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Huawei and National Availability … um … Security

Siobhan Gorman wrote a front-page article “China Tech Giant Under Fire – Congressional Probe Says Huawei Poses National-Security Threat to the U.S” on the front page of The Wall Street Journal of October 8, 2012. The next day, she and Juro Osawa wrote an article with the not-unexpected title of “Huawei Fires Back at the U.S.” A third related Wall Street Journal article appeared on October 10, this time by Spenser E. Ante, with the title “Huawei’s Ally: IBM.” And I’m sure that this is far from the last word on the subject

The first article describes a scathing 52-page document, “Investigative Report on the U.S. National Security Issues Posed by Chinese Telecommunications Companies Huawei and ZTE” by the U.S. House of Representatives Permanent Select Committee on Intelligence, published on October 8, 2012. The report has the following five recommendations:

1. View the penetration of the U.S. telecommunications market by Chinese companies with suspicion

2. Consider the long-term security risks associated with doing business with such companies for equipment or services

3. Investigate unfair trade practices of the Chinese telecommunications sector

4. Exhort Chinese companies to become more open and transparent

5. Consider potential legislation to better address the risk posed by telecommunications companies with nation-state ties

On the surface, these recommendations, though harsh, would appear to make some sense. However, if we dig deeper, we see that the recommendations do not solve the underlying security and dependability problem and may indeed make some situations, such as resiliency and availability, worse. Basically, we need to be testing all software and hardware products used in the critical infrastructure for security and integrity, whether they originate offshore or domestically. Today you cannot be sure of the pedigree or full provenance of any product or service. Why not set up facilities to certify all products to be used in the critical infrastructure, regardless of origin?
The Committee report mentions an article in The Economist of August 4, 2012 with the title “Huawei: The Company that Spooked the World.” I happen to mention the same article in my upcoming book “Engineering Safe and Secure Software Systems” (see … http://www.amazon.com/Engineering-Safe-Secure-Software-Systems/dp/1608074722/ref=la_B001HPTIAA_1_1?ie=UTF8&qid=1349916158&sr=1-1 [1] ). It describes a laboratory that Huawei set up in the U.K. to demonstrate the security and integrity of their products so as to assuage concerns by potential customers. Such a testing facility is a step in the right direction and something that the U.S. government might consider not only for telecommunications products originating in other countries but for all categories of computer products, of foreign or domestic origin. This is needed since U.S. companies build products offshore as well as onshore using components, such as processor chips, which are regularly manufactured abroad. Not only that, but a domestic name does not assure one that the product hasn’t been hacked or otherwise tampered with. I refer you to Russ Handorf’s May 6, 2008 BlogInfoSec column “VAR does it come from? CISCO Hardware Espionage” available at http://www.bloginfosec.com/2008/05/06/var-does-it-come-from-cisco-hardware-espionage/ [2]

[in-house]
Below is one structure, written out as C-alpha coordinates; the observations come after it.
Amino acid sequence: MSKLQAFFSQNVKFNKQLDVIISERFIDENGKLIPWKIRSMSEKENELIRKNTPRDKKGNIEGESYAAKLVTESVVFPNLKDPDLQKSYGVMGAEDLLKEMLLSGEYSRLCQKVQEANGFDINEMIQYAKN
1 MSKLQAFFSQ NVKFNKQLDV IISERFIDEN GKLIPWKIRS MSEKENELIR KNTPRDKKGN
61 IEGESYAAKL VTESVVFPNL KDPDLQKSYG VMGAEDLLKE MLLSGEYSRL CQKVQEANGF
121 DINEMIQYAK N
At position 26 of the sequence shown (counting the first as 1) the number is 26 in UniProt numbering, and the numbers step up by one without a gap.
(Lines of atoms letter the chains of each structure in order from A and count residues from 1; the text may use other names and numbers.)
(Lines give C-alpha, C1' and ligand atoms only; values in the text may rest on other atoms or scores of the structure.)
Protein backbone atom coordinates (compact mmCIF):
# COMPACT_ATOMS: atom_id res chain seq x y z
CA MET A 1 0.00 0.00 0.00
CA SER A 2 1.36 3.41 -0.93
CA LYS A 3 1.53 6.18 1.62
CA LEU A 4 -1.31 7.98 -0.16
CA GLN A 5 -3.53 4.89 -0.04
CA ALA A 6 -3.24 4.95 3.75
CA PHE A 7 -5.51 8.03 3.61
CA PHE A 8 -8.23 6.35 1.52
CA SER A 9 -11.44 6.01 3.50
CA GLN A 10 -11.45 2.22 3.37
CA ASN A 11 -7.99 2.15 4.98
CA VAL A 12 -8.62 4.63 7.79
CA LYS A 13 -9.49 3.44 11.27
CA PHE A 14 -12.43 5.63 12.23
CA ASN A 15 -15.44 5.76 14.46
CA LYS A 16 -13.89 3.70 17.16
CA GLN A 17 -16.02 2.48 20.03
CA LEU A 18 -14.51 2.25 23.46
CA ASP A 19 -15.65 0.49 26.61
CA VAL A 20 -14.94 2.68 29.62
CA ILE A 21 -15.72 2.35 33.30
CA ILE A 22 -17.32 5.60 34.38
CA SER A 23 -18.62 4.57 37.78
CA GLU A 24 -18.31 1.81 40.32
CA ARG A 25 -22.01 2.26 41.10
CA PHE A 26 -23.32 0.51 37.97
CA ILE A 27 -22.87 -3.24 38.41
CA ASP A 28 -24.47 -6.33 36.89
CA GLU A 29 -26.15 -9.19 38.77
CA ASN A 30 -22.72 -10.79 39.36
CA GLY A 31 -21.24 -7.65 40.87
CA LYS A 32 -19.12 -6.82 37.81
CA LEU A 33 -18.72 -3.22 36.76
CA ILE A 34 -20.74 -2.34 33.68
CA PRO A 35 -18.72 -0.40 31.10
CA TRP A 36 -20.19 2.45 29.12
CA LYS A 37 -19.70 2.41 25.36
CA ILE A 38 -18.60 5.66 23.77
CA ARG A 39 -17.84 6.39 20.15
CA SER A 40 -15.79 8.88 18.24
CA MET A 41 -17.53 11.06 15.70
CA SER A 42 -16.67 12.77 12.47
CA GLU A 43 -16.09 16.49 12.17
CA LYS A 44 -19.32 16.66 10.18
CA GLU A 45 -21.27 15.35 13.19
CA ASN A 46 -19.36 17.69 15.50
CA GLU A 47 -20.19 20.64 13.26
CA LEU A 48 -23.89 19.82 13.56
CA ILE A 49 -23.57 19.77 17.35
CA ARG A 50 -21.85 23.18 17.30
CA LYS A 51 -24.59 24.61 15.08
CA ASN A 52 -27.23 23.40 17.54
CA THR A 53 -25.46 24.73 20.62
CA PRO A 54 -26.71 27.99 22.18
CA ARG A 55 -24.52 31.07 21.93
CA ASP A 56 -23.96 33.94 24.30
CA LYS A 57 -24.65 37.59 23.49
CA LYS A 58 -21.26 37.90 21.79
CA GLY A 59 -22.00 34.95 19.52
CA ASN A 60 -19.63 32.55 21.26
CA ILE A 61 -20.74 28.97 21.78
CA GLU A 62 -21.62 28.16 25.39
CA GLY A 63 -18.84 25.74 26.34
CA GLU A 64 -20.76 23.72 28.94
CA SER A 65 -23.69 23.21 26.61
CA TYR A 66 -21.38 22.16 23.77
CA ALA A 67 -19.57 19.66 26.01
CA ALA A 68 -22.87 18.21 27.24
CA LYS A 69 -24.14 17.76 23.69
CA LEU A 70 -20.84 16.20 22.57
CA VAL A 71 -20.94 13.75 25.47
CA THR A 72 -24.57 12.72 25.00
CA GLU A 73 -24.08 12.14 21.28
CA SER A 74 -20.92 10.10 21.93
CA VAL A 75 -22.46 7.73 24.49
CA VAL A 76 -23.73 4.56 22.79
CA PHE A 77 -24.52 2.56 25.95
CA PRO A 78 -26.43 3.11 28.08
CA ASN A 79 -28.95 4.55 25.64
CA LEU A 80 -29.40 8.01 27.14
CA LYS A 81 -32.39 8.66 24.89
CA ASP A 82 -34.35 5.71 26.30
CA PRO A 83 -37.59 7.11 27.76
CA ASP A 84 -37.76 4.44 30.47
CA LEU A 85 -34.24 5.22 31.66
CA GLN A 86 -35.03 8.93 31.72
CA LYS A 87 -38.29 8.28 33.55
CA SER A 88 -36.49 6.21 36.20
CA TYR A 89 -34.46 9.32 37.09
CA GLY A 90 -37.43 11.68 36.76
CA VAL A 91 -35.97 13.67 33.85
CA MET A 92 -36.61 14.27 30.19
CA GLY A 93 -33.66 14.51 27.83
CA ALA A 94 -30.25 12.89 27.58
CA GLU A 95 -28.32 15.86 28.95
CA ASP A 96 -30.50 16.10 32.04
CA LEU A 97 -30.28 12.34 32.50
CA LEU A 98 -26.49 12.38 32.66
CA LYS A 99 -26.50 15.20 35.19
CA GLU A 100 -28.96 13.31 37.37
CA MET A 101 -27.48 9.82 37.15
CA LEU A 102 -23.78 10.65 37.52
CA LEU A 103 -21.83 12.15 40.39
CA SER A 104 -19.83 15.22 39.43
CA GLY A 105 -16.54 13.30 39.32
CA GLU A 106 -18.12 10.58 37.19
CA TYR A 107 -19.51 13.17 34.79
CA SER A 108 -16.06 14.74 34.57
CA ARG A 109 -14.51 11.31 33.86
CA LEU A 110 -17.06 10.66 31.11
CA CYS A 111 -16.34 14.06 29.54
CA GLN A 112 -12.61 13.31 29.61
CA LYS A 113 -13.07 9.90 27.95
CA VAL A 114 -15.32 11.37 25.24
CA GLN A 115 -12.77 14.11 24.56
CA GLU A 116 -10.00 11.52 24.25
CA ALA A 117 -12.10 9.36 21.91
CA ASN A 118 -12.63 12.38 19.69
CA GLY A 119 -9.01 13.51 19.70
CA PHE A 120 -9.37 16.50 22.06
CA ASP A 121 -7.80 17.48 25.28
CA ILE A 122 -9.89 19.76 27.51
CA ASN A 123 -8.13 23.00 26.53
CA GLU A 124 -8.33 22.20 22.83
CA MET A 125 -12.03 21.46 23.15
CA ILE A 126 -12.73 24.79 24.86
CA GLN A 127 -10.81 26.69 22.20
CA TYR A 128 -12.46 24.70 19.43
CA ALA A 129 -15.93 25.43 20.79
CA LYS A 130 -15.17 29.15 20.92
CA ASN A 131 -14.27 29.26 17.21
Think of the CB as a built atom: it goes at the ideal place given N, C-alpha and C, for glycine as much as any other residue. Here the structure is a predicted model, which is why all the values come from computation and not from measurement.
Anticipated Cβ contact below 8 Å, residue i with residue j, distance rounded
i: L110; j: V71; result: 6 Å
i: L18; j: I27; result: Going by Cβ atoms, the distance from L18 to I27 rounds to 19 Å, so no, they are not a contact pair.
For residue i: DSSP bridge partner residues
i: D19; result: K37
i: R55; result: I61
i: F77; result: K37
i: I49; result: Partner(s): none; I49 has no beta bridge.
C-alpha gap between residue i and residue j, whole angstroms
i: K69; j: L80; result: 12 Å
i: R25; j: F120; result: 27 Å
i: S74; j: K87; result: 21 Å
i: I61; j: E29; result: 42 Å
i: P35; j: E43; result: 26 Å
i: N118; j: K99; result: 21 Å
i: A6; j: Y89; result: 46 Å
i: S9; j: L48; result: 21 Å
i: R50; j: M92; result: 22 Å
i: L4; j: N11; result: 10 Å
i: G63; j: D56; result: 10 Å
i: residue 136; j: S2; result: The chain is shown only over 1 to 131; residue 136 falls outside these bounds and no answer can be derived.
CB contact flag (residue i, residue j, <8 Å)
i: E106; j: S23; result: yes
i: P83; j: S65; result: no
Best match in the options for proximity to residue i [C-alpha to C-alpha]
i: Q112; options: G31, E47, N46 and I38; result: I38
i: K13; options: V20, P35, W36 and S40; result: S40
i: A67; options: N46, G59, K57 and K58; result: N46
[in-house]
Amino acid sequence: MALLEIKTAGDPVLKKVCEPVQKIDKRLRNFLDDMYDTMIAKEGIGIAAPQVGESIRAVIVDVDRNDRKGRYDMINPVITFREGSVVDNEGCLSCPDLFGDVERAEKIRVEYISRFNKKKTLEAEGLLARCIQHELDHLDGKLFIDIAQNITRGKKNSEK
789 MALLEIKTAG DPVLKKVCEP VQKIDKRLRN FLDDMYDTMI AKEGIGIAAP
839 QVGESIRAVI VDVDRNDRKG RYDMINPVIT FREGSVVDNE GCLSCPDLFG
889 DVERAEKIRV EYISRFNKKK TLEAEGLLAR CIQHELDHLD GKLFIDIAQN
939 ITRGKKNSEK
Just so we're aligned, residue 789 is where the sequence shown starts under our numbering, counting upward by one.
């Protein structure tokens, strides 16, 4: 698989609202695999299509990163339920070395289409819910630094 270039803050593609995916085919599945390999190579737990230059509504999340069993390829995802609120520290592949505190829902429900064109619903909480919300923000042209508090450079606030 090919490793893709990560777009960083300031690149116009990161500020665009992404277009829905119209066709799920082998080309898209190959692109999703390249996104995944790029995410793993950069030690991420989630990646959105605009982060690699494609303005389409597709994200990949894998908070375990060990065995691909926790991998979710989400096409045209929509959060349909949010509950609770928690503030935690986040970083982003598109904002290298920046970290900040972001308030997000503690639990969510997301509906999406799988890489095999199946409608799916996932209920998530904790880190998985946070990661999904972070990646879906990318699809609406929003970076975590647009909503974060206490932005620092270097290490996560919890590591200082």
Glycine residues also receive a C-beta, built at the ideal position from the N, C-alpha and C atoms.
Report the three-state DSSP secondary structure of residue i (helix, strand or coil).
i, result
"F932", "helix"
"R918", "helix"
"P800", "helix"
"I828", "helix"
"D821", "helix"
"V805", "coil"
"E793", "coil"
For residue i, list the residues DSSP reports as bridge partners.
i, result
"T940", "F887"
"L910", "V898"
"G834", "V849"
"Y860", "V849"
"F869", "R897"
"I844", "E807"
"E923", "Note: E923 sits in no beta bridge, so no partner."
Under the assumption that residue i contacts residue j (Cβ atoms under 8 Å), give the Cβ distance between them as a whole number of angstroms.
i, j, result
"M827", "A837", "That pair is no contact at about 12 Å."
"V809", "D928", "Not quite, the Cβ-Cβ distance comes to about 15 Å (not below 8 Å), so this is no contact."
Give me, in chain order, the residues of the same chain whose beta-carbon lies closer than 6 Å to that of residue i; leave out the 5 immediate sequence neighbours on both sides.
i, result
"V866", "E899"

We also need to consider the benefits of diversifying products used in telecommunications and other critical sectors. The main advantage of acquiring products from several manufacturers is that, if you don’t, you have monoculture issues as described in my BlogInfoSec column of March 30, 2009 with the title “Are System Monocultures More or Less Secure? Yes!” see http://www.bloginfosec.com/2009/03/30/are-system-monocultures-more-or-less-secure-yes/ [3]  If an attack were launched to bring down the Internet, then the attackers might go after a particular ubiquitous brand of equipment. Therefore, in order to avoid total disaster, it is advantageous to have a number of different makes and models of network software and hardware.
“Trust, but verify” is a basic rule in security. It is incumbent upon us to verify the trustworthiness of all IT products and services, particularly those used in the Nation’s critical infrastructure. It is also important not to become overly dependent on a limited number of suppliers. And finally, one needs to diversify in order to reduce the potential risks of monocultures. These goals won’t be achieved by targeting a couple of companies. In order to be assured of secure infrastructures, it is necessary to develop a comprehensive program of testing and certification of critical products and services covering products and services from all sources of origin.